It’s not a problem Clarke faced alone. The editor reports that others in similar positions are facing the same challenges, and if this is happening to Clarkesworld, it’s clear that it will be wherever applications are open for publication. And for the most part, such submissions are weeded out for not being good enough to be published, while examining fakes is an expensive and time-consuming process.

Clarke adds that third-party detection tools that need to be able to recognize plagiarism or AI-written content are not the solution, given the number of false positives and negatives, and indeed the cost of such services. Other short-term measures, such as regional bans in parts of the world where most of the fake entries come from, aren’t the answer either. As Clarke points out in her article,

It’s clear that business as usual won’t be sustainable, and I worry that this path will lead to an increasing number of barriers for new and international writers. short fiction needs These people.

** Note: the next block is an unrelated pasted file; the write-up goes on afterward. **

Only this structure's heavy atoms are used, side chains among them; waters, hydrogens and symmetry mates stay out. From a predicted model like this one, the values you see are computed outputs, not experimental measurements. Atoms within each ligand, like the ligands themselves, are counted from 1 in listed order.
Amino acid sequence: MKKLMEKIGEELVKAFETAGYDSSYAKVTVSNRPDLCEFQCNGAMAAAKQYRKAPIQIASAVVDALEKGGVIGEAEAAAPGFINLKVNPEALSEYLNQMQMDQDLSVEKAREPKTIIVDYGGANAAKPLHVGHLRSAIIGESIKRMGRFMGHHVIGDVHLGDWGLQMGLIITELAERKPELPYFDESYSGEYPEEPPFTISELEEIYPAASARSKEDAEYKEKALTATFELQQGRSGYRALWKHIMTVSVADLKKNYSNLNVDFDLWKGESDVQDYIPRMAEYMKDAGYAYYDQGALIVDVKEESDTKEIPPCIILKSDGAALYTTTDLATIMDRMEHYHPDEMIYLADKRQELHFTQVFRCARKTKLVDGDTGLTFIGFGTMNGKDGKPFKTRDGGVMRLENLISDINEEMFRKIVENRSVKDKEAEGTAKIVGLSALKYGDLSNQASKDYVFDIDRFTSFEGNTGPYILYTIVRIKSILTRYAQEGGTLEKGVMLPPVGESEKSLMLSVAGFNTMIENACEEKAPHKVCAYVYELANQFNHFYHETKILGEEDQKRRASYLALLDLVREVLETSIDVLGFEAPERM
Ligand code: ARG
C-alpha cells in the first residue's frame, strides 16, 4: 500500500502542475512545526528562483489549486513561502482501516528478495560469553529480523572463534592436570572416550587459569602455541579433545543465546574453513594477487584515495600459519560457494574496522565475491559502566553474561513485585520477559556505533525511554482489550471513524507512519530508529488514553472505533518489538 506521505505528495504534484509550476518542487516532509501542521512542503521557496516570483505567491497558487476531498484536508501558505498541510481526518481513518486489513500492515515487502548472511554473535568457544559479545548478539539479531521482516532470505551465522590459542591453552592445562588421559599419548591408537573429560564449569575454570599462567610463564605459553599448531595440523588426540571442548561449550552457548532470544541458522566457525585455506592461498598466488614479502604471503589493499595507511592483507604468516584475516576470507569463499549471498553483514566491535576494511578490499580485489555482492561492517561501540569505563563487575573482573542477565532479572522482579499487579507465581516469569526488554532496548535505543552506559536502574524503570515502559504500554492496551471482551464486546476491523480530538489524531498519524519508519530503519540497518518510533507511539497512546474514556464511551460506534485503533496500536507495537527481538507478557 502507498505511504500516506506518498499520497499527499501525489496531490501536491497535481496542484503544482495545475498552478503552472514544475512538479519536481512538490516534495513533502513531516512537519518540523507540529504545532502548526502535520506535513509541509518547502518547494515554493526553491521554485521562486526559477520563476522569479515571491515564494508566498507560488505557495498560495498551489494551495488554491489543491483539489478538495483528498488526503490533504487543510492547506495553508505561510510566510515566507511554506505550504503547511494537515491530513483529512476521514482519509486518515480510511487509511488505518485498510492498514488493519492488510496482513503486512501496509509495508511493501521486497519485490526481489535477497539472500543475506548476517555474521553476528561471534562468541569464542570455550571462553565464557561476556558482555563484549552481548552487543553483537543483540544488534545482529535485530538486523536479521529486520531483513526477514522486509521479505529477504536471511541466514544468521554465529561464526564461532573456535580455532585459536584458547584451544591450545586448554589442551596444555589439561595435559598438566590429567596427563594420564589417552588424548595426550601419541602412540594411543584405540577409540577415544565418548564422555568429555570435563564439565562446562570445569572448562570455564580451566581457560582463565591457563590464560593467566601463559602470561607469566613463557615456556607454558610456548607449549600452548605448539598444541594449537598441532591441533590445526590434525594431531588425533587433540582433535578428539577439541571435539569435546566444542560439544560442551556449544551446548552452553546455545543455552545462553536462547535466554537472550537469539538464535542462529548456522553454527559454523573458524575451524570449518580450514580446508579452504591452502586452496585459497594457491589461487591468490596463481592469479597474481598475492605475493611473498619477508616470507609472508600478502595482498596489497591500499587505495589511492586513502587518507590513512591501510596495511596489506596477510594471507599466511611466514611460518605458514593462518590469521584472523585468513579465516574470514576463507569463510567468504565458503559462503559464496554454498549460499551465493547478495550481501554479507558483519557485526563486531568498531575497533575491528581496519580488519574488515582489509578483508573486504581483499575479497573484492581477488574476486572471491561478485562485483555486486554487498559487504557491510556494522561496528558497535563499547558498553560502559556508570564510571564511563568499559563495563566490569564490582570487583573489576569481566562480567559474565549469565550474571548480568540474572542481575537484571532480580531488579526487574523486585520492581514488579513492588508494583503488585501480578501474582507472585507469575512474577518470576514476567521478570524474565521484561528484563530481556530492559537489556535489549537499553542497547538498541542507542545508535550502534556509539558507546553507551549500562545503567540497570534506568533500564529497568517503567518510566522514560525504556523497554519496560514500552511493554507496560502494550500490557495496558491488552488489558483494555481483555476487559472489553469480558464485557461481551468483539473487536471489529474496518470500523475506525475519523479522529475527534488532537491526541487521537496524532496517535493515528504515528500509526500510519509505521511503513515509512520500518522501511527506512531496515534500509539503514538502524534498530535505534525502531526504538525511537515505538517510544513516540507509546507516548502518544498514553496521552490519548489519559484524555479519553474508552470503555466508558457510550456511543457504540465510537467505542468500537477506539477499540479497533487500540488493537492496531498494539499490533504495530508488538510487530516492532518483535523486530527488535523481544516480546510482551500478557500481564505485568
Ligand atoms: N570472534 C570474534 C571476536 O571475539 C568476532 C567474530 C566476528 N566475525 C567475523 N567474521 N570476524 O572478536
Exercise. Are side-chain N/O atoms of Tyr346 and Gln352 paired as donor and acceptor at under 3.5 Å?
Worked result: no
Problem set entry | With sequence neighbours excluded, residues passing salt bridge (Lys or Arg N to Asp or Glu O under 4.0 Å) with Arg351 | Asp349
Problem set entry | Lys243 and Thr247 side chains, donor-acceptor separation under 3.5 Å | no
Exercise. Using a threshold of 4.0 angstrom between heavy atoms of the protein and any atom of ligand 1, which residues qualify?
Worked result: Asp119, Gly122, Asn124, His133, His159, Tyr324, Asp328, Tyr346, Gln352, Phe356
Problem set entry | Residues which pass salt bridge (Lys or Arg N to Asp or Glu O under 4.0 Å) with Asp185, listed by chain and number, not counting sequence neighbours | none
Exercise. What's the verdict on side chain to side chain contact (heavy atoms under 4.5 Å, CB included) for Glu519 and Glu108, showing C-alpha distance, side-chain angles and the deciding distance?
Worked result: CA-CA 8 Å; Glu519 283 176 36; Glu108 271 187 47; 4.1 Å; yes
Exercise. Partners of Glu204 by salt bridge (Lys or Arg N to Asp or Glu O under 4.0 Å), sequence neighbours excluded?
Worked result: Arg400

And of course, this is not an easy matter. The pace at which AI chatbots are evolving is enough for you to write ideas for a sci-fi short story, and it’s likely that soon-to-be tweaks will make it harder than ever to spot them right away. However, it looks like we still have a reasonable way to create stories that are truly worth reading. I asked Clarke if she thought this might be the case. “At this time, substantial improvement is required,” he said, not wanting to speculate on exactly how long such a leap will take from now on.

But this does not provide much comfort. “We still have ethical concerns about the means by which these artifacts were created,” Clarke said. kotaku“and until such concerns are addressed, we won’t even consider publishing machine-made studies.”

ChatGPT and Chatsonic’s attempts at a sci-fi story

services such as ChatSonic Boldly promoting themselves as a way to create plagiarism-free writing blocks that students can use. I had previously had grueling and futile arguments with the AI ​​itself about how this was clearly cheating, becoming extremely angry, defending itself with circular arguments and a determination that asking the robot for words on a topic was a creative act. itself.